Dog People vs. Cat People: Are There Differences In What They Look For in Romantic Partners?

Before you start reading this, please keep in mind that this survey was created for fun reasons and was not designed to be „super rigid proper sciency sciency science“. This was a fun and nerdy way for me to procrastinate, nothing else. Please don’t take it too seriously. It is mostly meant to be fun and interesting to read – do NOT cite this as a scientific source. Moreover, if you are not a psychology-person, feel free to skip the methods and results section. Lastly, thanks for everyone who participated.

Abstract

Dog people and cat people are often thought to be quite different and it has been proposed (by a certainly very trustworthy source on the internet that I am unable to find right now) that pets can serve as a substitute of a romantic partner. This poses the question whether we look for similar attributes in our pets as in our romantic partners. In order to answer this highly important issue, 96 participants filled out an online questionnaire in which they were asked about the importance of a range of attributes in potential long-term partners as well as whether they identified as cat people or dog people and how much they liked dogs and cats. I found first support for my hypothesis. Moreover, results indicate that dog people generally expect more from their long-term partners compared to cat people.

cat1

Introduction

It is widely accepted that dogs and cats are very different animals. While some might argue that cats are bitchy, unpredictable and aloof, other might characterise them as independent, fluffy (LOOK AT THAT PICTURE OF THAT CAT!!!!), elegant and having their own minds. Dogs on the other hand are often valued for their enthusiasm, usefulness, and generally loving nature, while others (i.e. the author) despise the fact that they smell, blindly follow orders and, most irritating of all, try to hump everything. We might refer to those in the latter category as “cat people” and those in the worse category as “dog people”.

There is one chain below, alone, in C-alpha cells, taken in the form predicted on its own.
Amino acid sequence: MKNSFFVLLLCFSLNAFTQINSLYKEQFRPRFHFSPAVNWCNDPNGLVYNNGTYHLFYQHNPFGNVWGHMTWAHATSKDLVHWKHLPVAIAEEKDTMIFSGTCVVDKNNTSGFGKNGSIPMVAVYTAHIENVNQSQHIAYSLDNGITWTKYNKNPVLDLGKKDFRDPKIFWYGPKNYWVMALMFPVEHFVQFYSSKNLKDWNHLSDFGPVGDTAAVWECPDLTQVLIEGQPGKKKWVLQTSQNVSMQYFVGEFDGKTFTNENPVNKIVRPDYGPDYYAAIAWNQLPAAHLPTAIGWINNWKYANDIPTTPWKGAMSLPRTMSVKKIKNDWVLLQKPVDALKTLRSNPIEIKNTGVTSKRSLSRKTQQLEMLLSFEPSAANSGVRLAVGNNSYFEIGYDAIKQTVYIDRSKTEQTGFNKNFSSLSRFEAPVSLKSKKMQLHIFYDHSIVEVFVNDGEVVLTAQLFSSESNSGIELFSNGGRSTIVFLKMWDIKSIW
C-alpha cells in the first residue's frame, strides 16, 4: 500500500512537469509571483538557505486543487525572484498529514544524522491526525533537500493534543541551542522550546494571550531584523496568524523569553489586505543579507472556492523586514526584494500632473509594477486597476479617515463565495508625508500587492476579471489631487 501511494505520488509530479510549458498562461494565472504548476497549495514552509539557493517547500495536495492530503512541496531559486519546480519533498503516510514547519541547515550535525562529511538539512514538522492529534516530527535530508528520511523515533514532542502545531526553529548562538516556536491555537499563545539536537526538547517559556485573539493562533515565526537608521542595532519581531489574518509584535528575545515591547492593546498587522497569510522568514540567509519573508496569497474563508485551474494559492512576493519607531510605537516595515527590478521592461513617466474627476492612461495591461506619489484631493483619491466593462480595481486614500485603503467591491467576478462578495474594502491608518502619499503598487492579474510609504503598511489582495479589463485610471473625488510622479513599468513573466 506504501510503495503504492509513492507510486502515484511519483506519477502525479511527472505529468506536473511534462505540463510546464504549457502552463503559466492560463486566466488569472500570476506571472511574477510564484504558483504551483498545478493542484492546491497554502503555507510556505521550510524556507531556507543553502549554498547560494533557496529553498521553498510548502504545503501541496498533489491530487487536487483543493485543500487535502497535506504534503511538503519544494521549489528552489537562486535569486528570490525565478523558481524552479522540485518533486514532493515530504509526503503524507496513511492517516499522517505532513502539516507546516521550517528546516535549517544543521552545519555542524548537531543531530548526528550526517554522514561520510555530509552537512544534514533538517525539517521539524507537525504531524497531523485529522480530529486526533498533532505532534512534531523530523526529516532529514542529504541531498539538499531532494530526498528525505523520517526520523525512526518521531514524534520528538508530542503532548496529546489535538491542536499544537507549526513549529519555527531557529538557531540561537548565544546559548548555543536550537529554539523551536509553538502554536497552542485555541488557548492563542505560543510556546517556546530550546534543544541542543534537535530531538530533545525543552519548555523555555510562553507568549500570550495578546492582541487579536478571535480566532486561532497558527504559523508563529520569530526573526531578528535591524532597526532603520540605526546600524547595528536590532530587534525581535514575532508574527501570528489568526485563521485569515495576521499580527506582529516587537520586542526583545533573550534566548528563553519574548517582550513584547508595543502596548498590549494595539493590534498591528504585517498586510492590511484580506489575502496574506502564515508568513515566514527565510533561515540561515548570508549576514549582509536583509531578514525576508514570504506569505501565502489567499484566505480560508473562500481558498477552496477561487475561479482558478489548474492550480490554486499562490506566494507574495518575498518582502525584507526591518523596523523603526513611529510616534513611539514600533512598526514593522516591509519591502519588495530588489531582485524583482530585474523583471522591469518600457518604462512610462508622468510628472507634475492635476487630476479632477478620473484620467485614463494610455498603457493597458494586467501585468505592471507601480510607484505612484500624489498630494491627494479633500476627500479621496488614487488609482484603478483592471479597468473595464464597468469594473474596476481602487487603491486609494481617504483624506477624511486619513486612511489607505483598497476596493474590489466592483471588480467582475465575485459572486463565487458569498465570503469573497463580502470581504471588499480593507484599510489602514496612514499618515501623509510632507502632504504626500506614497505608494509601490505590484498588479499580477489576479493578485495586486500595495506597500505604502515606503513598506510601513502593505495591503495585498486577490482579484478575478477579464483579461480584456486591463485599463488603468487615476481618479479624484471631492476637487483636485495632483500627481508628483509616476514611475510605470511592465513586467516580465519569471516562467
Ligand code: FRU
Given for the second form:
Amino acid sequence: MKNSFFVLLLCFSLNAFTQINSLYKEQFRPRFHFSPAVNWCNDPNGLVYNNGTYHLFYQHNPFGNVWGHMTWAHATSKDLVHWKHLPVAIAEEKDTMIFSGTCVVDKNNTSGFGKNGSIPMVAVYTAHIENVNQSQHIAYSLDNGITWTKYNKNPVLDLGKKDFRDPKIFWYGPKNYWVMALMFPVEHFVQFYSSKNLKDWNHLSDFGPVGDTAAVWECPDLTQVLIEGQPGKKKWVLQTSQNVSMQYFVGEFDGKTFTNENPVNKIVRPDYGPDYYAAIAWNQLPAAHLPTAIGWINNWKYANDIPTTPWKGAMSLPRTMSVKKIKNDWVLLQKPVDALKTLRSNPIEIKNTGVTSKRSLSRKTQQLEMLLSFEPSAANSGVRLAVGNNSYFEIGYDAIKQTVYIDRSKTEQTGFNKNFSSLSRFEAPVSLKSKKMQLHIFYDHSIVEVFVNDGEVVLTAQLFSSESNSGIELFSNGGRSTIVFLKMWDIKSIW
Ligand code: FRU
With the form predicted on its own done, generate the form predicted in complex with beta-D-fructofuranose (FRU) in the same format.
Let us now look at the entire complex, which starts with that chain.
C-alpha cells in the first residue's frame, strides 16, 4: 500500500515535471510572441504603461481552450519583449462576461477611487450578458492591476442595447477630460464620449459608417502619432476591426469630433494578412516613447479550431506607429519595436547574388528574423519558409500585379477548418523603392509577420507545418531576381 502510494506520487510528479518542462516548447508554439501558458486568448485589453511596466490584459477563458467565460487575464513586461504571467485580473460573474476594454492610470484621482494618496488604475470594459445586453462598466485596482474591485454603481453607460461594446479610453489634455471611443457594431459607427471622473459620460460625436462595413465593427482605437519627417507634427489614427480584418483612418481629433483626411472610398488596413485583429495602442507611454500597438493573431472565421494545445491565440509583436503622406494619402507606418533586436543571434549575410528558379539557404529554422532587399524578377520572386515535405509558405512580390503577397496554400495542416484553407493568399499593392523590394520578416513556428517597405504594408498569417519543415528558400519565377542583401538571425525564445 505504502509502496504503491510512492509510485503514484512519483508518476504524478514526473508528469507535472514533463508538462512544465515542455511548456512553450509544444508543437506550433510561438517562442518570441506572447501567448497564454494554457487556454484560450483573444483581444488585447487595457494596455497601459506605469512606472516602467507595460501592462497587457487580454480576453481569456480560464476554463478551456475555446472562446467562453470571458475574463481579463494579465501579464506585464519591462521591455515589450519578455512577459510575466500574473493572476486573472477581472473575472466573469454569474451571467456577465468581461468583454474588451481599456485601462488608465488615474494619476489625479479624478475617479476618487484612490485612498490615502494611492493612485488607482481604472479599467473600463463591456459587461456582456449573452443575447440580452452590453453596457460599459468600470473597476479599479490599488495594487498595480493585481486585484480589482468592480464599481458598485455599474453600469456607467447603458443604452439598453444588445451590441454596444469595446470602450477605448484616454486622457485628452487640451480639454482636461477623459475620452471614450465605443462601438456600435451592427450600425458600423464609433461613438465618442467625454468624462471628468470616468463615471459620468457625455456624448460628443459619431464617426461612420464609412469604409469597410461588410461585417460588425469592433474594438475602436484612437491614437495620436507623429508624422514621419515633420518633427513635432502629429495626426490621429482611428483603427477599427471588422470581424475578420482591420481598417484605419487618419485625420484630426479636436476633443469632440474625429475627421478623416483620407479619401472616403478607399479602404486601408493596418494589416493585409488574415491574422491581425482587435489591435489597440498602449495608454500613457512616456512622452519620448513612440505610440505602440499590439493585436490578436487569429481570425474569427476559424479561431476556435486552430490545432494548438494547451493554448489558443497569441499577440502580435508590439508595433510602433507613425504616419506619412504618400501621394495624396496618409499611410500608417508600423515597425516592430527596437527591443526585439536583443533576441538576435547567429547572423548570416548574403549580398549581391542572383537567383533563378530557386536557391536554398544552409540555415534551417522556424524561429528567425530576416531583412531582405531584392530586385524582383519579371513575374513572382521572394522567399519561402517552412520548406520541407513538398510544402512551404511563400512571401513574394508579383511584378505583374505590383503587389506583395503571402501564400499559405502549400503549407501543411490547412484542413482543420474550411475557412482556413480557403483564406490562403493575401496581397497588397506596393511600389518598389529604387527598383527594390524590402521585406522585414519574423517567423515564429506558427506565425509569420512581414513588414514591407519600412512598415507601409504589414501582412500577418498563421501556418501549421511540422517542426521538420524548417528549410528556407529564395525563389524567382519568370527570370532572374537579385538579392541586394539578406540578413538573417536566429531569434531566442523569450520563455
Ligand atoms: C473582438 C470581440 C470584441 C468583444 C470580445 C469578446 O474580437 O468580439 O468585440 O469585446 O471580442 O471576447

Research into cat people and dog people has so far focused on trait differences of those people. For example, Gosling et al (2010) found that dog people are generally higher in agreeableness, extraversion and conscientiousness, while cat people are higher in openness to new experiences and neuroticism (non-psychology people: see big five). Other research (Kidd & Kidd, 1980) has suggested that dog people are generally more dominant than cat people.

However, despite the fact that it is sometimes suggested that pets can serve as a substitute of a romantic partner there is no research on whether we look for similar attributes in our pets as in our romantic partners. This first pilot study addresses this issue. I hypothesise that cat people and dog people differ in what they look for in long-term partners and that these differences are in line with traits associated with dogs and cats. For example, while cat people might value independence more than dog people, dog people might value loyalty more than cat people.

Moreover, it is generally believed (and by that I mean I have discussed it with about five people), that lesbians have a strong preference of cats over dogs, whereas the opposite is true for gay men. This is also investigated in this study.

Methods

Participants

The sample consisted of 96 participants recruited via Facebook. The majority (71) were female, whereas 24 identified as male and 1 participant identified as something else. The sample included 70 participants who identified as heterosexual, 7 who identified as gay, 11 identifying as bisexual and 8 who identified as pansexual. None of the participants identified as asexual. The average age of participants was 24.6 years (SD=6.5 years).